Shakespeare, with a copious glossary

shakespeare spine

This book is probably one of my favorite older books that I do not own.  It’s owned by the same person as The Well-Beloved by Thomas Hardy and the fancy backside postcard that I featured on the blog a while back.  She bought this lovely gilded Shakespeare at one of the many book sales we attended in recent years.  Not only does the spine have the intricate rose patterns of the Rococo Revival, but the cover is super fancy- reminiscent of Moroccan or Turkish patterns, along with the intricate scrolls and fluid C and S shapes throughout the design.

shakespeare cover

The book also has beautiful gilt edges along the top of the book.

gilt edges shakespeare

One of the coolest things about this book, is that it was published in 1854, and it is in fabulous condition!  The edges are worn,  the top edge of the spine is slightly worn, and some of the pages are slightly foxed, but whoever owned this book first, took very good care of it.  Additionally, the publishers used higher quality paper, as the pages are still nice, crisp, and white, albeit thin.  The words ‘copious glossary’ on the title page caught my eye!  I didn’t get a chance to look at this said glossary, but I can only imagine…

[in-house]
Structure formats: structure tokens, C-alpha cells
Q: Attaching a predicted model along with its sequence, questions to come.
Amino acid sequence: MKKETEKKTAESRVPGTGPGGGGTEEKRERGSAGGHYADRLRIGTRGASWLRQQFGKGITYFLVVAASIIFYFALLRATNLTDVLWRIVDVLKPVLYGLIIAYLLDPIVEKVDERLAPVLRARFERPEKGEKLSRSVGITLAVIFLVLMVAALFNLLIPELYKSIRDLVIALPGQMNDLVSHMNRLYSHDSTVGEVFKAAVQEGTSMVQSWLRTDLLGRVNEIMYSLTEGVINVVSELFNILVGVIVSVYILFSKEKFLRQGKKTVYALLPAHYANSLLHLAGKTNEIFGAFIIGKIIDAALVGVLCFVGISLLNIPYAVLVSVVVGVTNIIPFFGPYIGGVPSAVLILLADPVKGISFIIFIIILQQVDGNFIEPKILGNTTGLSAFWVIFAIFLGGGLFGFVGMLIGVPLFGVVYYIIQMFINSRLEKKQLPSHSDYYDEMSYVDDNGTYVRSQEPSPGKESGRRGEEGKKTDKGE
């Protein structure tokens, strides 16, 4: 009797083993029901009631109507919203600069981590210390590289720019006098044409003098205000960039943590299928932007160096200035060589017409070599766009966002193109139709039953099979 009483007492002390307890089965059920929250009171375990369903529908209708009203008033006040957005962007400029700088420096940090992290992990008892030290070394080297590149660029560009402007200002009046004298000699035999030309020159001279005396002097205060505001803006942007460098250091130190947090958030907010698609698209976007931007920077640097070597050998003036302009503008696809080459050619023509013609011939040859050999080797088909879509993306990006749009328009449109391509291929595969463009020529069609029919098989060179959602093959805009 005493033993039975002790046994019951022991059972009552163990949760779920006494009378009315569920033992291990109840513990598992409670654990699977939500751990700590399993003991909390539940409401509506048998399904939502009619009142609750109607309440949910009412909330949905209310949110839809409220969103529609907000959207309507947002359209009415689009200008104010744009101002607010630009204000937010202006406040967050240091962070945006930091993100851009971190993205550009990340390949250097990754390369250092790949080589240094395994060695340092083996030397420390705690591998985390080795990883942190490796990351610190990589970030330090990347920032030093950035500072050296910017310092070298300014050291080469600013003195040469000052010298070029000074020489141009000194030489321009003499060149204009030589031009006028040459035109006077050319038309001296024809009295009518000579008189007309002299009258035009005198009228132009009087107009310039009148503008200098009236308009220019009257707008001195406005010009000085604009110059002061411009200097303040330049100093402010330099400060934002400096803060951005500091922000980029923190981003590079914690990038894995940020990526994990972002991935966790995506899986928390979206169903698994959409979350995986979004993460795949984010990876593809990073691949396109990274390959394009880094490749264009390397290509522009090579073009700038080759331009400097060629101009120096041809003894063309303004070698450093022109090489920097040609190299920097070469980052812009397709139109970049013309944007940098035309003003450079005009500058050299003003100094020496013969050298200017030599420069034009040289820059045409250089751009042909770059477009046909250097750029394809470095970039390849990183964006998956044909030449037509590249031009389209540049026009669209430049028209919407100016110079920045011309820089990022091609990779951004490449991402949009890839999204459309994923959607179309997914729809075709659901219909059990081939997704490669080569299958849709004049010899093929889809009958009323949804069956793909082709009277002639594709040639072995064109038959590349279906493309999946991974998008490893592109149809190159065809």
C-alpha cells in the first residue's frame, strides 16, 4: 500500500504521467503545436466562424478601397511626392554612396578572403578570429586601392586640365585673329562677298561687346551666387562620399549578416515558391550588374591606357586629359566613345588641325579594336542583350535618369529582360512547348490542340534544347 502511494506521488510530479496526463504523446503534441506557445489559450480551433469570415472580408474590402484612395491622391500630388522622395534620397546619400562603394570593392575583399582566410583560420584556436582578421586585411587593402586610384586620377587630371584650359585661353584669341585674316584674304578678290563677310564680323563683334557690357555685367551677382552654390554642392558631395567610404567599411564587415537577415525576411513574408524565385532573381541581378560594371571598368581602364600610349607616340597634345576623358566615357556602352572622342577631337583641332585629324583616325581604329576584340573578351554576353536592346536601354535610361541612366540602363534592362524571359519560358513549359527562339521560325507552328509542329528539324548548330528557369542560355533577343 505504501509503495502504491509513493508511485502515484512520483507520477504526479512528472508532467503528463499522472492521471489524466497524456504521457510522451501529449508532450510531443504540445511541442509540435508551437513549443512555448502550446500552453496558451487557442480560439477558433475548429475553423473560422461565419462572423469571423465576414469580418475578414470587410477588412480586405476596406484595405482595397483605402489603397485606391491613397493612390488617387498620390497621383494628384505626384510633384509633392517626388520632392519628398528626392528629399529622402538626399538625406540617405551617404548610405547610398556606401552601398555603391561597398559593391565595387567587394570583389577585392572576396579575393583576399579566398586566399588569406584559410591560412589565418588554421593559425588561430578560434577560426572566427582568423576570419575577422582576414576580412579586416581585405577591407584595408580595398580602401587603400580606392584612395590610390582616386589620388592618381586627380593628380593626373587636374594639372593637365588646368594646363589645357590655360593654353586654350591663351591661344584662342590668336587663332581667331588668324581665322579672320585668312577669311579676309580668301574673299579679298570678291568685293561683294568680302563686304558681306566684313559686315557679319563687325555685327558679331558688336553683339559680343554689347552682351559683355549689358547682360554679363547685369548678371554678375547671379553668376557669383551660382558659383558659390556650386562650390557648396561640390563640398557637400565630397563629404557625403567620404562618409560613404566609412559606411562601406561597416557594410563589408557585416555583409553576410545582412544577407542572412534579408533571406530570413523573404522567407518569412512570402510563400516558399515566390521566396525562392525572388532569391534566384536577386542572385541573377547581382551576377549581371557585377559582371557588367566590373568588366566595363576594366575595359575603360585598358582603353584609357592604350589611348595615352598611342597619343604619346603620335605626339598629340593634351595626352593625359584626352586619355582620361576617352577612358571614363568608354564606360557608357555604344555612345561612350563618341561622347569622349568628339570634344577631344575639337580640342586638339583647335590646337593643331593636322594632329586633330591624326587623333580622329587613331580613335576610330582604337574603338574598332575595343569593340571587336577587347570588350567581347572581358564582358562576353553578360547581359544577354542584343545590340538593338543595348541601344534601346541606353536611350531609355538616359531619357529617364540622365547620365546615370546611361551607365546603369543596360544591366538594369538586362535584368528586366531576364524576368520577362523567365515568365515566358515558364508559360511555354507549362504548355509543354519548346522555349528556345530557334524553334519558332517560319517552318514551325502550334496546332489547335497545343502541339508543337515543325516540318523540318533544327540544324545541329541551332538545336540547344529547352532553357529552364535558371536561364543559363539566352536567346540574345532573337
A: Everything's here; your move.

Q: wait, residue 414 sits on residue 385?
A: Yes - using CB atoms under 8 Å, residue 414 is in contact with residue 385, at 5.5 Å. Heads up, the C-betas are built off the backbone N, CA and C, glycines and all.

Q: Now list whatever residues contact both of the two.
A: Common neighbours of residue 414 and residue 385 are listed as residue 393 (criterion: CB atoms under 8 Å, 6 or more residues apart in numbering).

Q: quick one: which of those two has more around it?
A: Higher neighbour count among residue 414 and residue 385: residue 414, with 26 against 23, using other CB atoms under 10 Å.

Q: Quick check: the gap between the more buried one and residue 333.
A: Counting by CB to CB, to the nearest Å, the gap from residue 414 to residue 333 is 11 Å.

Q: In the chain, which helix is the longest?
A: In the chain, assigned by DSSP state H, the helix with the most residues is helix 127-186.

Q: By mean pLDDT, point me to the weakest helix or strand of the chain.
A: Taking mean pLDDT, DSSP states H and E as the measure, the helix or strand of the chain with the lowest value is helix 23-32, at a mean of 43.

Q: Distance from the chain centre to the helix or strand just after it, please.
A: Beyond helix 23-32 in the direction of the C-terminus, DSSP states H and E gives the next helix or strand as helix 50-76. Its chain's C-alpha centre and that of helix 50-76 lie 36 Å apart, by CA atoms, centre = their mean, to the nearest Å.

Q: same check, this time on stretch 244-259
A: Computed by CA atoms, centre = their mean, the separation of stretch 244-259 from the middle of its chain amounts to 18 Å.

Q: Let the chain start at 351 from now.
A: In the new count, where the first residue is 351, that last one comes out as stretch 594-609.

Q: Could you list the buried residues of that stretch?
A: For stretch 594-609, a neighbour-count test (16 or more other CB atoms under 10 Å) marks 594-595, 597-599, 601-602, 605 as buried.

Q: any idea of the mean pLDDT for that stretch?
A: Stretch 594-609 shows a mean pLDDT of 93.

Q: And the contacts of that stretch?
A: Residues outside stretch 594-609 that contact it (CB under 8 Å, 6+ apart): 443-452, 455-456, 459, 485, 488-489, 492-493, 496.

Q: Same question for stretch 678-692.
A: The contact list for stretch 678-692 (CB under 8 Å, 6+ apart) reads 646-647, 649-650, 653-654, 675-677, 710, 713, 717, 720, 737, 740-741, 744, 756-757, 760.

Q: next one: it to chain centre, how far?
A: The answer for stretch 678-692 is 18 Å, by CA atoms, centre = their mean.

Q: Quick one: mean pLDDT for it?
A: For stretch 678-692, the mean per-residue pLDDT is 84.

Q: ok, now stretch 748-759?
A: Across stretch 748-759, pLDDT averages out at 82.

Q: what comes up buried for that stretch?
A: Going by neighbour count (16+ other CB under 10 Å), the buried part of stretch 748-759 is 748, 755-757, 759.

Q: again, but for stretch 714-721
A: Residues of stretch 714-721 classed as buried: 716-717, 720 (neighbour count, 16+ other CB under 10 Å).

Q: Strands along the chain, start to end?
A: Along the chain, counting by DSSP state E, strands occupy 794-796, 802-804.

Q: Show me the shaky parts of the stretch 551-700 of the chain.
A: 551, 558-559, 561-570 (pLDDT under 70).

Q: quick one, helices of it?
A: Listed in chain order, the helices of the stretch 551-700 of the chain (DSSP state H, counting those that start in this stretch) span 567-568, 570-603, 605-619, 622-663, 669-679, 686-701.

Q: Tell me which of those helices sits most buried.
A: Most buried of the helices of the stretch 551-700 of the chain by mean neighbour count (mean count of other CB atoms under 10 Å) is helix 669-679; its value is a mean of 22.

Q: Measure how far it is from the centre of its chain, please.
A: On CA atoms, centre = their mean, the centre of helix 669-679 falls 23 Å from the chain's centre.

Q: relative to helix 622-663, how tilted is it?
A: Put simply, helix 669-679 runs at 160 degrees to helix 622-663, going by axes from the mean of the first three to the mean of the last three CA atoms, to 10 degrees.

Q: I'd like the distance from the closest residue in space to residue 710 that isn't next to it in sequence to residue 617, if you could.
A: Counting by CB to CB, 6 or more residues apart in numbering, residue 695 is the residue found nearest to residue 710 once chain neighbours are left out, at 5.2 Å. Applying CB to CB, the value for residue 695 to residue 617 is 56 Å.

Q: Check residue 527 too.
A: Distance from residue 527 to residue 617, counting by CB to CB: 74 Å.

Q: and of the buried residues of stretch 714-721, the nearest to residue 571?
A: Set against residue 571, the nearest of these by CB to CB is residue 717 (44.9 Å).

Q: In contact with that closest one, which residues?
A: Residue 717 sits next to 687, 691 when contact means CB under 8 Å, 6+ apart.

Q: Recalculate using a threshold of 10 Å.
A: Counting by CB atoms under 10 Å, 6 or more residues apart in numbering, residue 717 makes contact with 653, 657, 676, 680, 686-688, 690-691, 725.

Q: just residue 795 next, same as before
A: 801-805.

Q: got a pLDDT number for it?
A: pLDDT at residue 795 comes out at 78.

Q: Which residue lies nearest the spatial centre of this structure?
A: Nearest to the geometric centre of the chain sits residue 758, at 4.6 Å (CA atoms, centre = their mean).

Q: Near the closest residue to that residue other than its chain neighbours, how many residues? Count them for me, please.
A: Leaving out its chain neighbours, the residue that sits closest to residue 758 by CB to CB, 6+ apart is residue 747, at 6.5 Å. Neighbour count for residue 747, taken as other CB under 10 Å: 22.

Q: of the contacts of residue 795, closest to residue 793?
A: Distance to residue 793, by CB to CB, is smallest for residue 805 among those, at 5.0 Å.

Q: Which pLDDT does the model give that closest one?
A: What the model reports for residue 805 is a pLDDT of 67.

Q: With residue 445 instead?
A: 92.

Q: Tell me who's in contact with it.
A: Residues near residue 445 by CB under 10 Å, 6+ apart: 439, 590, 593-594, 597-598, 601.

shakespeare titlepage

Lippincott, Grambo & Co was a prominent Philadelphia publisher in the 1850s and later. Joshua Ballinger Lippincott started in the Lippincott, Grambo & Co publishers in 1850 when he bought Grigg, Elliot and Company.  Grambo, his publishing partner, retired in 1855, when the company was renamed J.B. Lippincott and Company.  They sold small bibles and prayer books before expanding into history, medical textbooks, fiction, and poetry. They are credited with publishing the first nursing textbook in the US in 1878, and publishing the first American Journal of Nursing in 1900.

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2 Comments

Filed under Books, Rococo Revival

2 responses to “Shakespeare, with a copious glossary

  1. What a spectacular book! I have one that is somewhat similar – though no where near as old. Mine is barely even “vintage.” It’s an omnibus volume of Shakespeare, on very thin onion skin paper, with tiny print [that I could barely read in my teens – probably a complete blur to my present eyes], but for some reason I hang onto it.
    Happy reading!

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